With the return of the full quest status screen, there were an abundance of new and engaging items to collect, – a trademark Zelda element, providing the adventurer with a once again brand new world to explore, while still in the same kingdom. A Link to the Past builds on Nintendo’s ability to reuse a franchise while giving an entirely new feel and depth. Of particular importance to this game and its contribution was the introduction of the bottles. Link was now able to stock up on potions blue, green and red as well as the not so compelling bees. This type of an item opens up immense possibilities to be exploited well into the future.

The innovation doesn’t stop with the items; it follows through to the game play and exploration. With this title came the two tiered system of a Light and Dark world. Once in possession of a key item, Link could travel to the Dark World in order to progress. This unforgiving place was the land that had been ruled by Ganon for many years. It was his safe haven, and if Link was to succeed, he was to prove it in the harshest of environments. It is the nature of Nintendo to incorporate such a challenge where only the truest of heroes will succeed.

Of exceptional improvement was the musical score. The limited beeps and blips of the NES were over. Although in midi form, sound was a pleasant mix of cheery humming to depressing scores. While walking around the kingdom, the ever present main theme is a delight. But as soon as a dungeon was entered or passage was made to the Dark world, the mood changed considerably with an evil themed marching tune. Music is invaluable to the series, helping to set the mood, as well as supporting the adventure orchestrally.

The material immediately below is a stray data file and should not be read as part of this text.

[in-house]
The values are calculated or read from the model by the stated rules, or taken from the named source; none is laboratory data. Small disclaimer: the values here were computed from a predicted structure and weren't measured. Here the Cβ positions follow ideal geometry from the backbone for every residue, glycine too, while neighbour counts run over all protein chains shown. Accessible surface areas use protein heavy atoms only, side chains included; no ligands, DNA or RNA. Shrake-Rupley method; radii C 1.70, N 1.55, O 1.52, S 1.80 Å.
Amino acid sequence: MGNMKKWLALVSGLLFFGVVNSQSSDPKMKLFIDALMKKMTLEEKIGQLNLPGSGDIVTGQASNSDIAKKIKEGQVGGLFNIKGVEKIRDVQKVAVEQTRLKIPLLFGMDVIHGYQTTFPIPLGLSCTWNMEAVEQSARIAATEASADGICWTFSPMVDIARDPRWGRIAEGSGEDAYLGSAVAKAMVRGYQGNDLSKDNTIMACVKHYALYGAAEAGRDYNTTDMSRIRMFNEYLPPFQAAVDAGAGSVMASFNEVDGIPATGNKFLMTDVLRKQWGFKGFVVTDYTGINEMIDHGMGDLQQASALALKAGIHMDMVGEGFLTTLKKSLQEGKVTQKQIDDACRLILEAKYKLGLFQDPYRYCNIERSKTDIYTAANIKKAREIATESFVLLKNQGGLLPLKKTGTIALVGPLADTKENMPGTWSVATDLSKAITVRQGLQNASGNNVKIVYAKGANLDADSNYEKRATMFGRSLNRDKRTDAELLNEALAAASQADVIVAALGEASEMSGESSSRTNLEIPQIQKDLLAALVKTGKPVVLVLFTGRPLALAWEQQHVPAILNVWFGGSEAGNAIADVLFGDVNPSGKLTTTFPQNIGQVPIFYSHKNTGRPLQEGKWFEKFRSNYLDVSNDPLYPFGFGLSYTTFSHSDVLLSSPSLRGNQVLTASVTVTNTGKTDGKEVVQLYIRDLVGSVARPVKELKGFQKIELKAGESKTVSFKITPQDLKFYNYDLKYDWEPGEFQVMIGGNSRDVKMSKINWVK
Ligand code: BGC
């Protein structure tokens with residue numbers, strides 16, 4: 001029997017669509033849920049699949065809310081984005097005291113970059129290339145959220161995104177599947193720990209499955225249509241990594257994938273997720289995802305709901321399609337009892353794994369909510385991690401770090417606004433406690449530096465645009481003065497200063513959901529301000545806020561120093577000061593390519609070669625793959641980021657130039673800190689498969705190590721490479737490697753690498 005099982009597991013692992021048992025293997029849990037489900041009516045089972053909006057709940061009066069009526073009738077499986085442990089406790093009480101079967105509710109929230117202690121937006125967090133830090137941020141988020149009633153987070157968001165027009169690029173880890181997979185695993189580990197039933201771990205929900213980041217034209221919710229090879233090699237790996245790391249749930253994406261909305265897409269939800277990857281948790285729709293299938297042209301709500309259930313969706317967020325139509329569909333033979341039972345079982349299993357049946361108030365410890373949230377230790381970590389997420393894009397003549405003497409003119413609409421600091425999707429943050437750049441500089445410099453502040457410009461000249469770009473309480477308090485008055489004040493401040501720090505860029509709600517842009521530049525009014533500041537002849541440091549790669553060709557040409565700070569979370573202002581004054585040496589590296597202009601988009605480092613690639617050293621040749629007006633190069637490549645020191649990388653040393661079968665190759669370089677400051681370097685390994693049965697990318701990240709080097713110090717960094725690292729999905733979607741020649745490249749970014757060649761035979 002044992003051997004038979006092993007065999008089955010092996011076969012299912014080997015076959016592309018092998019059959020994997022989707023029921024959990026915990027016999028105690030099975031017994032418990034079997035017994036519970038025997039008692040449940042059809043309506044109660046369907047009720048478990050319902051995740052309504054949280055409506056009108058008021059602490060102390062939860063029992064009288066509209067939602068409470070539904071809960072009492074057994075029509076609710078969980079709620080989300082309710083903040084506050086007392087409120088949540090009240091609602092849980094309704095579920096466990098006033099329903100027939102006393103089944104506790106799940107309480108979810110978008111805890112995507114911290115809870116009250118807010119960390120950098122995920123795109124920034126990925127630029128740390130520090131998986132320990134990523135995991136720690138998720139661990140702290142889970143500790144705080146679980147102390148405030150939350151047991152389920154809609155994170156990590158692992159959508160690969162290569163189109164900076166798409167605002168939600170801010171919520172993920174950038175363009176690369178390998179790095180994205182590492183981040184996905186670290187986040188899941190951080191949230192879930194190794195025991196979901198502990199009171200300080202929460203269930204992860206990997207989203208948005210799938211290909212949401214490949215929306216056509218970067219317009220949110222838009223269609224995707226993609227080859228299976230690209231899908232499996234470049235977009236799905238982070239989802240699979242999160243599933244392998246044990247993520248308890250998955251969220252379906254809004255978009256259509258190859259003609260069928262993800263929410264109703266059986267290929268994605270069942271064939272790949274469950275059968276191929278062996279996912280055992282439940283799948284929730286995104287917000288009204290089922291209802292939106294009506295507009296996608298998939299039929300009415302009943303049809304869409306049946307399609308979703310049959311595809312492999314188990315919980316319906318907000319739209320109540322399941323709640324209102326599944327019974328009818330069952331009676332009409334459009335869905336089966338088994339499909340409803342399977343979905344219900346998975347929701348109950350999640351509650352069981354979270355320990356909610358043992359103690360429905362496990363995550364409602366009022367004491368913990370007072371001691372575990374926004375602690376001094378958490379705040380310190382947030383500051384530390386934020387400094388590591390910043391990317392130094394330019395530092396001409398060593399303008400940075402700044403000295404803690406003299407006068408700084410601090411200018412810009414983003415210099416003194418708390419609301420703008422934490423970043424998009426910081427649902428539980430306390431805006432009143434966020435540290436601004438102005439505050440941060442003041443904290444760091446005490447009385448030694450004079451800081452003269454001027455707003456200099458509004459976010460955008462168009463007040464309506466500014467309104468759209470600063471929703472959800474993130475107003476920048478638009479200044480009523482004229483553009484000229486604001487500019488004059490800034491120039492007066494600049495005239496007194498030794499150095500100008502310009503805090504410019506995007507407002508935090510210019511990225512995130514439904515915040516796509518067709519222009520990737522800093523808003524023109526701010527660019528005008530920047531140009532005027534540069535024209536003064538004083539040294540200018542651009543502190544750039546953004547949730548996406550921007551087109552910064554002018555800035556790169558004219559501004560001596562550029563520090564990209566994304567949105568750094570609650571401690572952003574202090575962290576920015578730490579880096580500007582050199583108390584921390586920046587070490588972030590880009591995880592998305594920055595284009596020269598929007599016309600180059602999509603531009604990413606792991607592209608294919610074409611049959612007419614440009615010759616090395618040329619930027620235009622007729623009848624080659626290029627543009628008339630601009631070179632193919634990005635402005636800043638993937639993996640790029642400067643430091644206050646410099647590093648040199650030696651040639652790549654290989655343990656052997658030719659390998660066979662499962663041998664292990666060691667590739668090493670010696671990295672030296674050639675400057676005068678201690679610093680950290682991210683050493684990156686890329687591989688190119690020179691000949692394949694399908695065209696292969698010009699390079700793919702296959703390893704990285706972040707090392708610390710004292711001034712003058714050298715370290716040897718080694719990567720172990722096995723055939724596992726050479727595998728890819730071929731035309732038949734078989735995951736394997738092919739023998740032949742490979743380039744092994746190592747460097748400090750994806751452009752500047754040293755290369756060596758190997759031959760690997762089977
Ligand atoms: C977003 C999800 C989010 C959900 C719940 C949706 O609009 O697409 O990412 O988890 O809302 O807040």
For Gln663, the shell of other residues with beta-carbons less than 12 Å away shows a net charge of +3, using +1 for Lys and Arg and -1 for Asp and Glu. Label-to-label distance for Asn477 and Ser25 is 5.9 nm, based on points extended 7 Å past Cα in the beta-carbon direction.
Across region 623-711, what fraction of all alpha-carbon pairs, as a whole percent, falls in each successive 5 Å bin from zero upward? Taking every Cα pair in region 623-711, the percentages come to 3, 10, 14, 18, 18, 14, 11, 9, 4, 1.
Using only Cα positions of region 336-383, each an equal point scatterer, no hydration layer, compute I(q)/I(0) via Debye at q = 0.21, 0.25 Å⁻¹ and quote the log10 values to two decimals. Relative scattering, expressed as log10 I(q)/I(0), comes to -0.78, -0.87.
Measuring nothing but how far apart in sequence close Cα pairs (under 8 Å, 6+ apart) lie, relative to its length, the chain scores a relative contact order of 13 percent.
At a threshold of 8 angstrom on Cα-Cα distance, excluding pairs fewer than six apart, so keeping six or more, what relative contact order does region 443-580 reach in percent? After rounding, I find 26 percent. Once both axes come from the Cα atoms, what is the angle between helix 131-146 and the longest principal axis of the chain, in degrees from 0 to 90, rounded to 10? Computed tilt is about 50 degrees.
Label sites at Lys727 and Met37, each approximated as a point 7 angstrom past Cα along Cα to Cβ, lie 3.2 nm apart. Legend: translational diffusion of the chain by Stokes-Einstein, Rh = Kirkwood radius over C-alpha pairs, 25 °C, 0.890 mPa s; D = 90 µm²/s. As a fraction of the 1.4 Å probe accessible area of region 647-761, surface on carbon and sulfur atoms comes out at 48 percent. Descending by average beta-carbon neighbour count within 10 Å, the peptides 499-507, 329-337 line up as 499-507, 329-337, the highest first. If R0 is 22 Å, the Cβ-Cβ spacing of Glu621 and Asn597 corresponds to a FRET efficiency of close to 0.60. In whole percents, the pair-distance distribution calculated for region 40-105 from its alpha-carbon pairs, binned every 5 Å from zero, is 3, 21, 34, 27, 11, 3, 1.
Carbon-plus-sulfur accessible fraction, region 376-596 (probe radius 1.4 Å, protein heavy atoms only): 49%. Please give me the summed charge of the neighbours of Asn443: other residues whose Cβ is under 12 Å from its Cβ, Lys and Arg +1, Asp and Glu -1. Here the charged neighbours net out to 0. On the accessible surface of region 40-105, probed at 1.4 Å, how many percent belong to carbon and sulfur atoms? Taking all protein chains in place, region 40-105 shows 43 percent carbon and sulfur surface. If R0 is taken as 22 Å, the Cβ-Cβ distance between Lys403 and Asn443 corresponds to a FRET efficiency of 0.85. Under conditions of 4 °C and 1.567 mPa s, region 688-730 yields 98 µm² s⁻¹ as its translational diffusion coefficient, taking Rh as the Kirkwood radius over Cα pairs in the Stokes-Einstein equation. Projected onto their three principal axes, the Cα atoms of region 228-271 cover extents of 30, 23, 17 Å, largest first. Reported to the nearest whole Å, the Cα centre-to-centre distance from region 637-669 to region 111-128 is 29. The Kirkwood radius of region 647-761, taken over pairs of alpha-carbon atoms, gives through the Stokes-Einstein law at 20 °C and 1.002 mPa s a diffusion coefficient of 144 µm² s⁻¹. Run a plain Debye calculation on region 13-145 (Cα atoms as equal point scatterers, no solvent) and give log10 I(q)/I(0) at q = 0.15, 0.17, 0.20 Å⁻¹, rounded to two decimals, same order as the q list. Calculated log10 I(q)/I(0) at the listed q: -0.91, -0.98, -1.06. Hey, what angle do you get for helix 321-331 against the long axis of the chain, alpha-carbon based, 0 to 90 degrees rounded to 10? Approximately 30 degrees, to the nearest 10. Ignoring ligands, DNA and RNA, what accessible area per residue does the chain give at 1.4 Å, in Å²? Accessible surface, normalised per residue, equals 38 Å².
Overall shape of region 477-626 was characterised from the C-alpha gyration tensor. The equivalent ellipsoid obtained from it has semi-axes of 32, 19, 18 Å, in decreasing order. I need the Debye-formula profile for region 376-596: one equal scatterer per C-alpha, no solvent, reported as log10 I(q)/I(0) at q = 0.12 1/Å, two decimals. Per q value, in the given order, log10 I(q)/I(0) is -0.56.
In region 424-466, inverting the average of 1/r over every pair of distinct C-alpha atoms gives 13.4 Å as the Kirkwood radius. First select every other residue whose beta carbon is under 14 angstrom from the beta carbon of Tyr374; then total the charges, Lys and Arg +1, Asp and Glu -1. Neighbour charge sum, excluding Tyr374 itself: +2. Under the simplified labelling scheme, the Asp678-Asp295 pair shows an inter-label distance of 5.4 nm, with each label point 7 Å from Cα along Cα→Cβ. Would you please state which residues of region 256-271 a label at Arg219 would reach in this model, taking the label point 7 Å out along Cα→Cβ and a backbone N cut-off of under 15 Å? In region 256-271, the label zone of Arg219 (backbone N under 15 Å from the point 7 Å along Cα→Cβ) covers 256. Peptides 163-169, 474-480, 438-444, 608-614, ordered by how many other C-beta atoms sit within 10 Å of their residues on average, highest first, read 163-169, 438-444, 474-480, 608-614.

A Link to the Past refines many of the previous elements that have helped to forge the structure of the series. The magic system and components utilising it are ‘magical’ rather than basic abilities as some were in The Adventure of Link, (jump), while the quest status screen gives descriptions of items and the button they are assigned to as well as allowing for a far greater amount of rupees to be held. These refinements are essential for the extent of the adventure, giving a natural and consuming experience. The level up system is done away with as the heart containers make a return in their true form as well as finding upgrades to items as opposed to ‘learning’ them through experience.

A new addition to the series is the element of puzzle solving. Where previous titles involved hack ‘n’ slash mechanics, Link now would find himself in dungeons with enemy-less rooms, but no way to progress. Whether it is to pull a simple lever, push a block or step on a button, Hyrulean adventurers were introduced to puzzling strategies. Puzzles had played a small part in The Legend of Zelda with bombable walls, but A Link to the Past made the large scale adoption. This type of game play is challenging, requiring you to think. It is mind games, and Nintendo was able to intertwine it within the action/adventure style of the series while maintaining the thrilling experience. The satisfaction of solving puzzles after countless minutes of thought is exceptional, and is vital to The Legend of Zelda.

A Link to the Past was the sole Zelda experience on the SNES. That was of insignificance, as this title was a testament that games didn’t have to be side scrollers or ‘platform’ styles to offer an adventure of massive proportions. It built up on all elements of the series including weapons, beasts, people and mechanics and brought them together to form a rich and engrossing world with a treasured legend that is tested countless times through the ages by evil forces. The one unfortunate thing is that the legend on home consoles ends here for six long years.